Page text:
Working with Aphasia? How Bird Songs Can Help!

Aphasia is a common disorder resulting from a stroke that impairs a person’s ability to produce and understand language. Speech therapists often work with a person on verbal fluency and verbal memory skills, which are needed for language. However, many people overlook the need to work on auditory processing skills with individuals that have aphasia. For people with aphasia, they may have difficulty with one or more cognitive areas, such as auditory processing. This includes cognitive functions such as processing speed, working memory, verbal memory, and semantic processing.  

Testing Auditory Processing

How can someone with aphasia work on auditory processing? One way is by using digital cognitive therapy tools that offer auditory processing exercises. HappyNeuron Pro, a digital cognitive therapy tool from France, offers exercises that therapists can use to work with their patients on auditory processing skills. These tools aim to assist patients with all types of cognitive skills. One popular exercise that can be used to help patients with aphasia with auditory processing is an exercise called Bird Songs.

How and why is Bird Songs utilized to develop a patient’s auditory processing skills you may ask? This exercise tests auditory processing skills along with visual and verbal memory. Patients are presented with pictures and names of birds while their unique calls are played simultaneously. Once the patient has seen and heard all of the birds, they are then asked to recall the name, picture, and song of the birds they have memorized. For an added challenge, you can have your patient practice saying the names of the birds out loud they have memorized to work in speech production.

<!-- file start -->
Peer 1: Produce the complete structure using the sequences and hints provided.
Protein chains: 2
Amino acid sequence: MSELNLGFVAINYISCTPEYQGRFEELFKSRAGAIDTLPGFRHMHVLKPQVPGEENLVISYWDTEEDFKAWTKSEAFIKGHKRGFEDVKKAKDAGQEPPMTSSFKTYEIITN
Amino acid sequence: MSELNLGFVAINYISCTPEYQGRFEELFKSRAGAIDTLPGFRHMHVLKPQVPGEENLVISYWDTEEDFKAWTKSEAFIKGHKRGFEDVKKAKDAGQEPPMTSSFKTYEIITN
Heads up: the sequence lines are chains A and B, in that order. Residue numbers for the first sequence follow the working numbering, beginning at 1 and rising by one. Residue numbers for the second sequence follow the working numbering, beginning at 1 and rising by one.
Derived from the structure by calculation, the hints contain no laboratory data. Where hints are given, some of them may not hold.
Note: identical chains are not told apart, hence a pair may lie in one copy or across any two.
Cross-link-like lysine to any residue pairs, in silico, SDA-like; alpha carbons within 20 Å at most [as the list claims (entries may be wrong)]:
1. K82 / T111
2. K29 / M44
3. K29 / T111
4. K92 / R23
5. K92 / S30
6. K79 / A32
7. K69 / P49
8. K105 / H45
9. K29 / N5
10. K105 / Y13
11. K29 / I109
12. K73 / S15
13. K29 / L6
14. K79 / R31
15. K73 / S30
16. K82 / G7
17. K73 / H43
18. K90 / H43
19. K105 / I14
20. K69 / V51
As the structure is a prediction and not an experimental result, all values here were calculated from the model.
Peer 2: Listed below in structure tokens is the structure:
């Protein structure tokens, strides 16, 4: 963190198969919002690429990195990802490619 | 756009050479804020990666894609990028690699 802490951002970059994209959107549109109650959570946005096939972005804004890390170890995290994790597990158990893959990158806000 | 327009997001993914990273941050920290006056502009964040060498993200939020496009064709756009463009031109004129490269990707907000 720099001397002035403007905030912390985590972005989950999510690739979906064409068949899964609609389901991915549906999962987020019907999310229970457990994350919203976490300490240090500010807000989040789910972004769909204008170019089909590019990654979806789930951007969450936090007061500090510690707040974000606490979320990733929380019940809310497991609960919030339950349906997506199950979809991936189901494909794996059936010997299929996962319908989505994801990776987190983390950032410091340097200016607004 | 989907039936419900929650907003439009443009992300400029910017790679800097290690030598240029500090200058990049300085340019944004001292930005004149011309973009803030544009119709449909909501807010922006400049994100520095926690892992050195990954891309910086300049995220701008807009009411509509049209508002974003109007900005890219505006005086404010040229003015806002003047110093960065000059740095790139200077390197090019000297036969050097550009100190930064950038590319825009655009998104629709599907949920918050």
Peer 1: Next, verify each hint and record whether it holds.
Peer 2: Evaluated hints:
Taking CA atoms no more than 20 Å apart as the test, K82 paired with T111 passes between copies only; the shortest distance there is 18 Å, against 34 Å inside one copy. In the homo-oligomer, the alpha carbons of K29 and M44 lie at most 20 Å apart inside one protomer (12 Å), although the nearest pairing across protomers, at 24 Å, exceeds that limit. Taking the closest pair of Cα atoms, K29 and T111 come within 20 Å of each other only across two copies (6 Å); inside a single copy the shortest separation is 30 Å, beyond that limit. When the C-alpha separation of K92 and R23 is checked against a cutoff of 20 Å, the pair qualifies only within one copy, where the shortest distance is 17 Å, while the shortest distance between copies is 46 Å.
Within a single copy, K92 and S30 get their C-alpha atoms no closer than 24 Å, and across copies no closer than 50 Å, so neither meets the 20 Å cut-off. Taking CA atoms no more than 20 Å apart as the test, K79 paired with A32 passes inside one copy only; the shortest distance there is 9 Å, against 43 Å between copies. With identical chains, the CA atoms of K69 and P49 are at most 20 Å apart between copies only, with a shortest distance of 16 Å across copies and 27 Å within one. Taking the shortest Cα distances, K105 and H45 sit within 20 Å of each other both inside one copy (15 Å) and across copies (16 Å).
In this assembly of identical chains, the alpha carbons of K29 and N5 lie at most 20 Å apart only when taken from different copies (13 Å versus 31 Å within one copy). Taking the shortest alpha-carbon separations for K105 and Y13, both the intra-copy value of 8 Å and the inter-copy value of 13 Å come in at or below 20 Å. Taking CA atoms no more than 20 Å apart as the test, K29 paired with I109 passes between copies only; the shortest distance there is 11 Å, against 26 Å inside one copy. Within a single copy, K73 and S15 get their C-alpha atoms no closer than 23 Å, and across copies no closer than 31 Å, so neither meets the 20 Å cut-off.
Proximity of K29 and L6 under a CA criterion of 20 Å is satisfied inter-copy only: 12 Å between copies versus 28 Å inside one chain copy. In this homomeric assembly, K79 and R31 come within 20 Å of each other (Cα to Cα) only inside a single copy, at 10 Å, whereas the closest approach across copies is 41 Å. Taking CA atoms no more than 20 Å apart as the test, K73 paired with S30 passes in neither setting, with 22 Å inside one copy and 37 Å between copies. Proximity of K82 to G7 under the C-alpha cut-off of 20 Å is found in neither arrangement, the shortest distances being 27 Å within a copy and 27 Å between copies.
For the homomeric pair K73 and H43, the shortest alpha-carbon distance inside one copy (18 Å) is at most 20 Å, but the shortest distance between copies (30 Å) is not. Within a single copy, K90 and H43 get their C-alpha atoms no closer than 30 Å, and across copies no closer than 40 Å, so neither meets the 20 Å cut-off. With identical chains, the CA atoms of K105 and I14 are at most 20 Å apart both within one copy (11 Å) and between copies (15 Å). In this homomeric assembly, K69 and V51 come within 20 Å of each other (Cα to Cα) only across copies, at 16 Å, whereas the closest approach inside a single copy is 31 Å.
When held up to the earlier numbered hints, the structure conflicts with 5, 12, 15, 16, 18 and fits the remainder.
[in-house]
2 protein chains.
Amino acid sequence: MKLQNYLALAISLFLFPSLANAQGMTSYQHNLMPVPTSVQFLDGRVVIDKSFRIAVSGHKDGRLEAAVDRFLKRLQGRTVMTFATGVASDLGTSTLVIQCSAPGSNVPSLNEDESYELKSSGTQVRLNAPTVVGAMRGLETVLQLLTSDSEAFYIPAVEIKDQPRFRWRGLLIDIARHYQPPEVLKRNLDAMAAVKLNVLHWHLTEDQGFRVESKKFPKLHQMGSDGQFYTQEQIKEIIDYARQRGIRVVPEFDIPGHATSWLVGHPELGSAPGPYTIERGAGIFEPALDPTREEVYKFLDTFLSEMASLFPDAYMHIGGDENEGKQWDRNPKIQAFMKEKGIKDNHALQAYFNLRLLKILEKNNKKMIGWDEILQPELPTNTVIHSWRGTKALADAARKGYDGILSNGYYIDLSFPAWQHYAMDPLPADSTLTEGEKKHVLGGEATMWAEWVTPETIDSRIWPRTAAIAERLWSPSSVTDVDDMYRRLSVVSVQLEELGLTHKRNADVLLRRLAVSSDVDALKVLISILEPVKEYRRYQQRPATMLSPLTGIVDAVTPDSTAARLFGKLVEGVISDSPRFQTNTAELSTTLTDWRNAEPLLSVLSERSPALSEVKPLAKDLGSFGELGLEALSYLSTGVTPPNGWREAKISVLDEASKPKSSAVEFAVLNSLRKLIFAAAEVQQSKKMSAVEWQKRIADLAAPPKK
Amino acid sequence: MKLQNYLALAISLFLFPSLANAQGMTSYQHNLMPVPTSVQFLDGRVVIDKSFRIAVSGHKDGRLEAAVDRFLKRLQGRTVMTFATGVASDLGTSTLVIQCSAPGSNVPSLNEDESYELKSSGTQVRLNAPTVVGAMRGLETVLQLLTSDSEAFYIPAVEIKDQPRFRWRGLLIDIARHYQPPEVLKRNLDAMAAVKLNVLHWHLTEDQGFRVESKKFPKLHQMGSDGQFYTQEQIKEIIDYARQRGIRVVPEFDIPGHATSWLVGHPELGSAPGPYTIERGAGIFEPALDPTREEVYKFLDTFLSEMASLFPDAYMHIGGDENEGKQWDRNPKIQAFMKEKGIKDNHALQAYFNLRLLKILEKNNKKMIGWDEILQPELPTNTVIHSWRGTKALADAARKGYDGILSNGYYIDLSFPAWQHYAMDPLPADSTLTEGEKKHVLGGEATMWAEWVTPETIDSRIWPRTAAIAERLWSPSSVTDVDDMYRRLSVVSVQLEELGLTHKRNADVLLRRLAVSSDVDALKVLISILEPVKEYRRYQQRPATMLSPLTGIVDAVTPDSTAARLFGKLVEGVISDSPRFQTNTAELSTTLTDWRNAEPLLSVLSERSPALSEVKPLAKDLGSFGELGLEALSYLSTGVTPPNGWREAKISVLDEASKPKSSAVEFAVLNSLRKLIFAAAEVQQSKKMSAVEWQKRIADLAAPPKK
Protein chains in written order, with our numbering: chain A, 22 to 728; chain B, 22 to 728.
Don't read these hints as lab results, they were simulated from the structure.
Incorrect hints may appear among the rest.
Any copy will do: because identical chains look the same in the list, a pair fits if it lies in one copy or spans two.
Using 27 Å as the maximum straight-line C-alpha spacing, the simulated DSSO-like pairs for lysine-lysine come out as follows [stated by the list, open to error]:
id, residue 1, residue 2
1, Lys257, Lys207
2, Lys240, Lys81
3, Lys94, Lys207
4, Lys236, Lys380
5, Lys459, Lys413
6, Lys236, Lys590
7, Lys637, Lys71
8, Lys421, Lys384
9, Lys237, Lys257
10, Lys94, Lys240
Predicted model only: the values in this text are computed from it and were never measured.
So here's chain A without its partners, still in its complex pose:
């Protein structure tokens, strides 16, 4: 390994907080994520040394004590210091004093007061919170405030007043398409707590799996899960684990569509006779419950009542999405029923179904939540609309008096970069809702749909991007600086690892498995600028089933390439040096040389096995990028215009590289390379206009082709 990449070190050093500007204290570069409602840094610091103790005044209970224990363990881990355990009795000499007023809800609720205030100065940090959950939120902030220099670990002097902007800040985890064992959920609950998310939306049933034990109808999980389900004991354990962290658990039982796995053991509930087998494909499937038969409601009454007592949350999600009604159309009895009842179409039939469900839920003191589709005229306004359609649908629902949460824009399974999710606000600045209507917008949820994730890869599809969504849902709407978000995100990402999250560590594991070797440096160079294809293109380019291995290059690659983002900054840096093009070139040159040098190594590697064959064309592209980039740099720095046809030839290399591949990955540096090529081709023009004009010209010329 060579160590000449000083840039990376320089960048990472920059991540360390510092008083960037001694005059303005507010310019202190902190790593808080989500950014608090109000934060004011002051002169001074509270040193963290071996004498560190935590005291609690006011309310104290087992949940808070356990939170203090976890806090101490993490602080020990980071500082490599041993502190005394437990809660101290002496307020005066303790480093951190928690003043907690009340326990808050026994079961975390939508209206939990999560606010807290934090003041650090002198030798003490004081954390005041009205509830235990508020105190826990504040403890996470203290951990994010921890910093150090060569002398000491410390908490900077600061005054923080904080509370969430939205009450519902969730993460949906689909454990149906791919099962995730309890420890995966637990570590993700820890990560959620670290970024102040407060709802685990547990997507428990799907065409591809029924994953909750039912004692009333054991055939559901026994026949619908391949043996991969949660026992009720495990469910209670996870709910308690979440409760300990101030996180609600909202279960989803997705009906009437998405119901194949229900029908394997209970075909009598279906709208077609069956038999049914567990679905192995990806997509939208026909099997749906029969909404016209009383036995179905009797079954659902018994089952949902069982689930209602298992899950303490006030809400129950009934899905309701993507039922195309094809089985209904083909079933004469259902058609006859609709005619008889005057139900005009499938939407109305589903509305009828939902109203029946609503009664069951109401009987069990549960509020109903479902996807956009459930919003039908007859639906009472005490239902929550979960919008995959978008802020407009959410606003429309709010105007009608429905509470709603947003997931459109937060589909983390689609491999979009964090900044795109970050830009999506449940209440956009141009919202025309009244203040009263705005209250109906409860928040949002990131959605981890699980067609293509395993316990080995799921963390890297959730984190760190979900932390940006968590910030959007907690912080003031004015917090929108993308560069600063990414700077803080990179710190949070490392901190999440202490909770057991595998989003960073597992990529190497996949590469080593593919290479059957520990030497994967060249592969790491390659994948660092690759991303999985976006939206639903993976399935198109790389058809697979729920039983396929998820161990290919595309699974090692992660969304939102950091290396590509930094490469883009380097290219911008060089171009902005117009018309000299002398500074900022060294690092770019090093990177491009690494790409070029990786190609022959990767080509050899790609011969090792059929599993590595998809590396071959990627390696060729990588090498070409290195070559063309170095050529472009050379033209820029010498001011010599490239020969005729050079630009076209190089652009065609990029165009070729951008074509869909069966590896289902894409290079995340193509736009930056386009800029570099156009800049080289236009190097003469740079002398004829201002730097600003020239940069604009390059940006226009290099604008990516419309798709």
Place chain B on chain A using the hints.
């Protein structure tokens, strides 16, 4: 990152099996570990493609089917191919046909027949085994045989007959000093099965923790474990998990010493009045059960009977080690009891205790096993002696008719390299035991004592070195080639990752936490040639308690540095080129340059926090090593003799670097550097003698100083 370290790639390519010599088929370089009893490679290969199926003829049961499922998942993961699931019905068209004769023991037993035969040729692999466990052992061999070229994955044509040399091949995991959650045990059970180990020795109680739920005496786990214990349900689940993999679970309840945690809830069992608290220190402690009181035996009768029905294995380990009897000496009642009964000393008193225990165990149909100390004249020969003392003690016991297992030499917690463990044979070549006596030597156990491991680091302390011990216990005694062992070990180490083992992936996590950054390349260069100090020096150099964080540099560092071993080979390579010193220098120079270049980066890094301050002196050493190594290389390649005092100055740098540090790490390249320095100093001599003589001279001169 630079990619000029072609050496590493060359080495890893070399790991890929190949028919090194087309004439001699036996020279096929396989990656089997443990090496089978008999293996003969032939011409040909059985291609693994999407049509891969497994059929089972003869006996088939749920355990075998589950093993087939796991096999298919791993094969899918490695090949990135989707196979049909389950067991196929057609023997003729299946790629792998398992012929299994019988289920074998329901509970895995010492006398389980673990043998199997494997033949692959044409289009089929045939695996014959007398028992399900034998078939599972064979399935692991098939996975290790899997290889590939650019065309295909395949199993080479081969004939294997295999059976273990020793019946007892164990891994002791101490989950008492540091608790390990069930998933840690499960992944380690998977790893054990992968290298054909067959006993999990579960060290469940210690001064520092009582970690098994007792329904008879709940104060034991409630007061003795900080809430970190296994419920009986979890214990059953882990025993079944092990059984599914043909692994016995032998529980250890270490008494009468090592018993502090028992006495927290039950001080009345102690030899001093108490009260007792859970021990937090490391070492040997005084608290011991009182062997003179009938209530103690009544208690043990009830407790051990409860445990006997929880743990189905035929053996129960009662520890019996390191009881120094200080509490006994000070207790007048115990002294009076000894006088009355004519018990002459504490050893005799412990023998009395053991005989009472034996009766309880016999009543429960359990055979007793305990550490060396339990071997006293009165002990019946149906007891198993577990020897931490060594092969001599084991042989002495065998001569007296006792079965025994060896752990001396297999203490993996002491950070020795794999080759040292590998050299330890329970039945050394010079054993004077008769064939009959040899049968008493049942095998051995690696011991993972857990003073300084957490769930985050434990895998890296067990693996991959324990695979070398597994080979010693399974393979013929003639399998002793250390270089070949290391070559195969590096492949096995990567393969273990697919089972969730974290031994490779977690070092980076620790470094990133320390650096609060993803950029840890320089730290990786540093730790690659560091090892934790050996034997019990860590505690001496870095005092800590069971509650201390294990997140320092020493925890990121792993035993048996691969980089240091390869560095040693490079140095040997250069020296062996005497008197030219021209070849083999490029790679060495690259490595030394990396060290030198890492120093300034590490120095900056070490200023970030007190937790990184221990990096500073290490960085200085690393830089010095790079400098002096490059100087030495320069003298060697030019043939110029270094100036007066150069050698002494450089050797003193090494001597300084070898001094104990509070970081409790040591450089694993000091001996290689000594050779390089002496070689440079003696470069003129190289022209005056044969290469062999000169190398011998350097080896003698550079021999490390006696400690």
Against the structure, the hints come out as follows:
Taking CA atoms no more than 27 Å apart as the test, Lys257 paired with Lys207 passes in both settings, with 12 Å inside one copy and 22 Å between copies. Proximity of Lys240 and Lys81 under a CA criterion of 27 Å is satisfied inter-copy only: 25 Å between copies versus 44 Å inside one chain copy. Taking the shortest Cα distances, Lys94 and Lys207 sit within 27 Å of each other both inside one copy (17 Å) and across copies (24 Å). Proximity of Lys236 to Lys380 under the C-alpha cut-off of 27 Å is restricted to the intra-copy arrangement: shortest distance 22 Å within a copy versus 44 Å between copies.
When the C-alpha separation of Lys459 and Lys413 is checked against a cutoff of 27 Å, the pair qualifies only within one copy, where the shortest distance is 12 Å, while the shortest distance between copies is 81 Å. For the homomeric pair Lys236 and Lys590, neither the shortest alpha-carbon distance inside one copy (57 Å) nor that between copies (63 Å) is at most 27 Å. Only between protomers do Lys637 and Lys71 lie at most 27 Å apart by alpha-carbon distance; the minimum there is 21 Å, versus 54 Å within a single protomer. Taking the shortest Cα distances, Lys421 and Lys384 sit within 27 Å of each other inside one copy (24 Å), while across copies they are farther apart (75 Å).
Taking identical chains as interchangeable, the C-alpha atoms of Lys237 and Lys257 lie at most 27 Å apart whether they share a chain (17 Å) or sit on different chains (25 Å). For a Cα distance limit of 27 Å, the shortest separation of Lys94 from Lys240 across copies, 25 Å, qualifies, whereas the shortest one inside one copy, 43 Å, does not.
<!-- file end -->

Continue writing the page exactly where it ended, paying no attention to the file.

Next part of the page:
Goals of the Exercise

Functionally, this exercise will help your patient recall the names, appearance, and sounds of stimuli in their environment. Your patient will need to be able to do this when they are participating in a work meeting or conversation with a group of people, when they watch a movie or a show as they keep track of different characters within a scene, and being able to recognize sources of different sounds present in their environment such as fire truck sirens. This exercise is beneficial for all aspects of social interactions, both personal and professional. Because this exercise provides language, visual, and auditory elements, this makes it an excellent exercise to work on a variety of cognitive skills that patients with aphasia often struggle with.

Conclusion

In conclusion, Bird Songs offers an opportunity to work on key cognitive skills – verbal memory, visual memory, and auditory processing. For an additional challenge, therapists can instruct their patients to say the names of the birds they have to memorize out loud to help their patients practice speech production. By working on these skills using Bird Songs, therapists can help their patients better recall the names, appearance, and sounds of stimuli in their environment, which can translate into their daily lives such as being able to keep track of different speakers within a meeting or during a movie. 

Want to try this exercise with your patients? Sign up for a free trial of HappyNeuron Pro and set your patients up with exercise plans that include Bird Songs.

Dustin Luchmee

Dustin is HappyNeuron Pro's Product Specialist. With research experience in stroke, Dustin learned how a stroke can change someone's life. He also learned how different kinds of therapists can work together to help a person get better. He is passionate about neuro-rehabilitation and finding the active ingredients for effective therapy.

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